Capacitors are notorious for being manufactured with high tolerances. This is acceptable in many cases, but some times a capacity with tight tolerances is required. A common strategy to get a capacity with the exact value you need is to use two carefully measured capacitors in parallel such that their capacities add up to something in the range you need.

The goal in this challenge is, given a (multi) set of capacities, to pair the capacitors such that the total capacity of each pair is in a given range. You also need to find the best set of pairings, that is, the set of pairings such that as many pairs as possible are found.


  1. Input comprises in a format of choice
    • an unordered list of capacities representing the (multi) set of capacitors you have
    • a pair of capacities representing the lower and upper bound of the target range (inclusive)
  2. all capacities in the input are positive integers smaller than 230, the unit is pF (not that that matters).
  3. In addition to the list of capacities in the input, the set of capacitors you have also contains an infinite amount of capacitors with a value of 0 pF.
  4. Output comprises in a format of choice a list of pairs of capacities such that the sum of each pair is in the target range specified. Neither the order of pairs nor the order of capacities within a pair is specified.
  5. No capacity in the output may appear more often than it appears in the set of capacitors you have. In other words: The pairs you output must not overlap.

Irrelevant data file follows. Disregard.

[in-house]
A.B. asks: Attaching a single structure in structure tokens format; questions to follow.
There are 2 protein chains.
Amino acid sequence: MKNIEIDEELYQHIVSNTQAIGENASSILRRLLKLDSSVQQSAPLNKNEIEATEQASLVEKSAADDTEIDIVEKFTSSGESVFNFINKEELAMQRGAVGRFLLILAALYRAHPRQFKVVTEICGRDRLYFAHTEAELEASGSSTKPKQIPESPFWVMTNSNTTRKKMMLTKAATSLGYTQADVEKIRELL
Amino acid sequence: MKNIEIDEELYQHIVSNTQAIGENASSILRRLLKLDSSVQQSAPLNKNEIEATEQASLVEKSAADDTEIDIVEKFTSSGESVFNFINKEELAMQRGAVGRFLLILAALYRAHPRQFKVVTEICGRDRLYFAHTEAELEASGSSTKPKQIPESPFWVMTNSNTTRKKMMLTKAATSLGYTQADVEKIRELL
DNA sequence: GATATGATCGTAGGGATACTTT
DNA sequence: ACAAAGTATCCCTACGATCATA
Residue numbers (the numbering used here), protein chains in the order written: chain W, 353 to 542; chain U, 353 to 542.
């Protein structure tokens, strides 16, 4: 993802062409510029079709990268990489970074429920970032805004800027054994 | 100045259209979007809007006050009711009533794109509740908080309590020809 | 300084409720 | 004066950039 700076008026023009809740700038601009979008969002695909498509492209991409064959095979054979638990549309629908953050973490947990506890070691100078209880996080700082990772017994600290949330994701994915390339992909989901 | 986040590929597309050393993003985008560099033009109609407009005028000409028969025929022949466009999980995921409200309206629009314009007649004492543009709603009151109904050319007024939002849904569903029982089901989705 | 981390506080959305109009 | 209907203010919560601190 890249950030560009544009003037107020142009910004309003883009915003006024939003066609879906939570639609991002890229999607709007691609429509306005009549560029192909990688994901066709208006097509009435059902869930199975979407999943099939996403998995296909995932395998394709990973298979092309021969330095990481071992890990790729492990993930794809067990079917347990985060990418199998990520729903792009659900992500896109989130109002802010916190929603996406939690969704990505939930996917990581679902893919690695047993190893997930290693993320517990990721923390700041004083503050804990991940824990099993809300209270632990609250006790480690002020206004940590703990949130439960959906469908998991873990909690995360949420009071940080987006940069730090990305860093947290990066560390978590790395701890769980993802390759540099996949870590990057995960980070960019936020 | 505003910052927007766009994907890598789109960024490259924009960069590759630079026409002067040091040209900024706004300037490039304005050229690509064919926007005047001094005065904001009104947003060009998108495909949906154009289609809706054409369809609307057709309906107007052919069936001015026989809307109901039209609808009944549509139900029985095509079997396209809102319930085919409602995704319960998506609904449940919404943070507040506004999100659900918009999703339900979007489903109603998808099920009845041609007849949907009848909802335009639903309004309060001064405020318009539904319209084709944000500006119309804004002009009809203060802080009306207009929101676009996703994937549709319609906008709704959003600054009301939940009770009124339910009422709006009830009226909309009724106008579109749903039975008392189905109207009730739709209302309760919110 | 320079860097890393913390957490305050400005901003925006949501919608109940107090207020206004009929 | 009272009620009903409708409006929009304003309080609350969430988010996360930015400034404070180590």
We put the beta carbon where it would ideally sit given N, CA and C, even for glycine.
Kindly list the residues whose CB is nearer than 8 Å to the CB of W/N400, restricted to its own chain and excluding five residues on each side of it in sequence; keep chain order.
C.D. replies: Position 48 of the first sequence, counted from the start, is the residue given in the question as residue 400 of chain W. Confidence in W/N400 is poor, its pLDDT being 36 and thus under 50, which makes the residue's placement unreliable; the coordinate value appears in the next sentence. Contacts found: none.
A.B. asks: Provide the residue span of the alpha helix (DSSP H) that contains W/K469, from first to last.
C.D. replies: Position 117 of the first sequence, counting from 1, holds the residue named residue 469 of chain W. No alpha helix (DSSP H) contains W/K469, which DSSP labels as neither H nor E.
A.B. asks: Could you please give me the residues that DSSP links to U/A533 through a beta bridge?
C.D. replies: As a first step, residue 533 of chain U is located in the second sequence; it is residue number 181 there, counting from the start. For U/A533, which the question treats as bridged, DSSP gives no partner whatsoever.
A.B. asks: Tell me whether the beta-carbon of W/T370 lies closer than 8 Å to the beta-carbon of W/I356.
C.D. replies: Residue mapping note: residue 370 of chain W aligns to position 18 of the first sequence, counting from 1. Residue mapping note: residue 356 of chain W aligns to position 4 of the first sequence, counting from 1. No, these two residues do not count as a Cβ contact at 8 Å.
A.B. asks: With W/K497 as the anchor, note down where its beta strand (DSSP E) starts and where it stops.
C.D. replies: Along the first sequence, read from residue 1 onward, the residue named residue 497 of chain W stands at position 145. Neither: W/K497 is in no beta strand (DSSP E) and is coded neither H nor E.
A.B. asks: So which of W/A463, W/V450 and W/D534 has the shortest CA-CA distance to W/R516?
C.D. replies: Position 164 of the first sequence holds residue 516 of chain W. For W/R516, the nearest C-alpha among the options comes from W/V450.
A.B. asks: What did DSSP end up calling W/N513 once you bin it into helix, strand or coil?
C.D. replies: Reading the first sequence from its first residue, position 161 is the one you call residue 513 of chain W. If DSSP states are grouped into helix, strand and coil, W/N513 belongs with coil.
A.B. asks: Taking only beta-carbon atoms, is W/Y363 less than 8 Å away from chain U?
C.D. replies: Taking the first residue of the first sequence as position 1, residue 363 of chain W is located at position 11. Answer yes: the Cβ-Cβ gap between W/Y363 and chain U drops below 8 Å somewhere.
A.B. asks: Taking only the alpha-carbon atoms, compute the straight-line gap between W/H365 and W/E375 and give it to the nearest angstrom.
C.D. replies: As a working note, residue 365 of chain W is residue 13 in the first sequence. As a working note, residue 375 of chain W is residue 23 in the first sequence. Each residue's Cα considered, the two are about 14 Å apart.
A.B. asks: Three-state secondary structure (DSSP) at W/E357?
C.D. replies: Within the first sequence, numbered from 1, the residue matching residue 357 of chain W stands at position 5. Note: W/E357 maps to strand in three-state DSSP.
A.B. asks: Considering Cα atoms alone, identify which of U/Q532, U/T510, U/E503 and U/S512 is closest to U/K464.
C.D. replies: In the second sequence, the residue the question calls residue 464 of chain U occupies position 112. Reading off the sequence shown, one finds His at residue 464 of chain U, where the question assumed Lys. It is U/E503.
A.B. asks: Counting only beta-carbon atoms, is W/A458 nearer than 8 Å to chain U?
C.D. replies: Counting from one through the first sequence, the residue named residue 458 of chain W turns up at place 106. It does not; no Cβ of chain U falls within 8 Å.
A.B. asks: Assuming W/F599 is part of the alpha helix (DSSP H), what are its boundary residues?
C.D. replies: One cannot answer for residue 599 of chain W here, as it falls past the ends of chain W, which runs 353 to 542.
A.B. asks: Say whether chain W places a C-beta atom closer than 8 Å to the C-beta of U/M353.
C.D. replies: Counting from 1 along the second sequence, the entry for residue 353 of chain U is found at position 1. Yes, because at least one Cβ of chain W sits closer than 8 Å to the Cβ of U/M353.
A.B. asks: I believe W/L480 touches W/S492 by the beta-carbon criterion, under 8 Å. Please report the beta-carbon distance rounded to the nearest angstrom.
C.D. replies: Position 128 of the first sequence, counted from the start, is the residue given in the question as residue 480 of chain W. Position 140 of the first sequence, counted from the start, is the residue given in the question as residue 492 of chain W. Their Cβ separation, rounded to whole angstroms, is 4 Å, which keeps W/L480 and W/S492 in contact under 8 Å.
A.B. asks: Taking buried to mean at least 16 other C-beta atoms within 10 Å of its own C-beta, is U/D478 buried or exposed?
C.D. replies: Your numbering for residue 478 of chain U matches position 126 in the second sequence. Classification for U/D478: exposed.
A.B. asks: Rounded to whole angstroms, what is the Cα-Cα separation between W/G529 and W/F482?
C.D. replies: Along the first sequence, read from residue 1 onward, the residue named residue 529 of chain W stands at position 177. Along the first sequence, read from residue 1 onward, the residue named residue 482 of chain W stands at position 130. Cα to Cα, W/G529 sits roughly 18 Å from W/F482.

6. There shall be no possible output satisfying conditions 4 and 5 that contains more pairs of capacities than the output your program produces.
  7. Your program shall terminate in O(n!) time where n is the length of the list representing the set of capacitors you have
  8. Loopholes shall not be abused
  9. The target range shall not be empty


Your score is the length of your solution in octets. If your solution manages to solve this problem in polynomial time O(nk) for some k, divide your score by 10. I do not know if this is actually possible.

Sample input

  • range 100 to 100, input array 100 100 100, valid output:

    0 100
    0 100
    0 100
  • range 100 to 120, input array 20 80 100, valid output:

    0 100
    20 80

    the output 20 100 is not valid

  • range 90 to 100, input array 50 20 40 90 80 30 60 70 40, valid output:

    0 90
    20 80
    30 70
    40 60
    40 50
  • range 90 to 90, input array 20 30 40 40 50 60 70 80 90, valid output:

    0 90
    20 70
    30 60
    40 50
  • range 90 to 110, input array 40 60 50, valid output:

    40 60
  • 3
    \$\begingroup\$ I'm fairly certain this can easily be solved in O(n log n). First, pair any capacitor within the range to one with 0 pF. Sort the rest. Keep pairing the lowest and highest capacitor, if this is above the range discard the highest, if it's below discard the lowest. \$\endgroup\$
    – orlp
    Jul 30, 2015 at 9:48
  • 1
    \$\begingroup\$ Some input/output tests would be nice. \$\endgroup\$
    – orlp
    Jul 30, 2015 at 9:56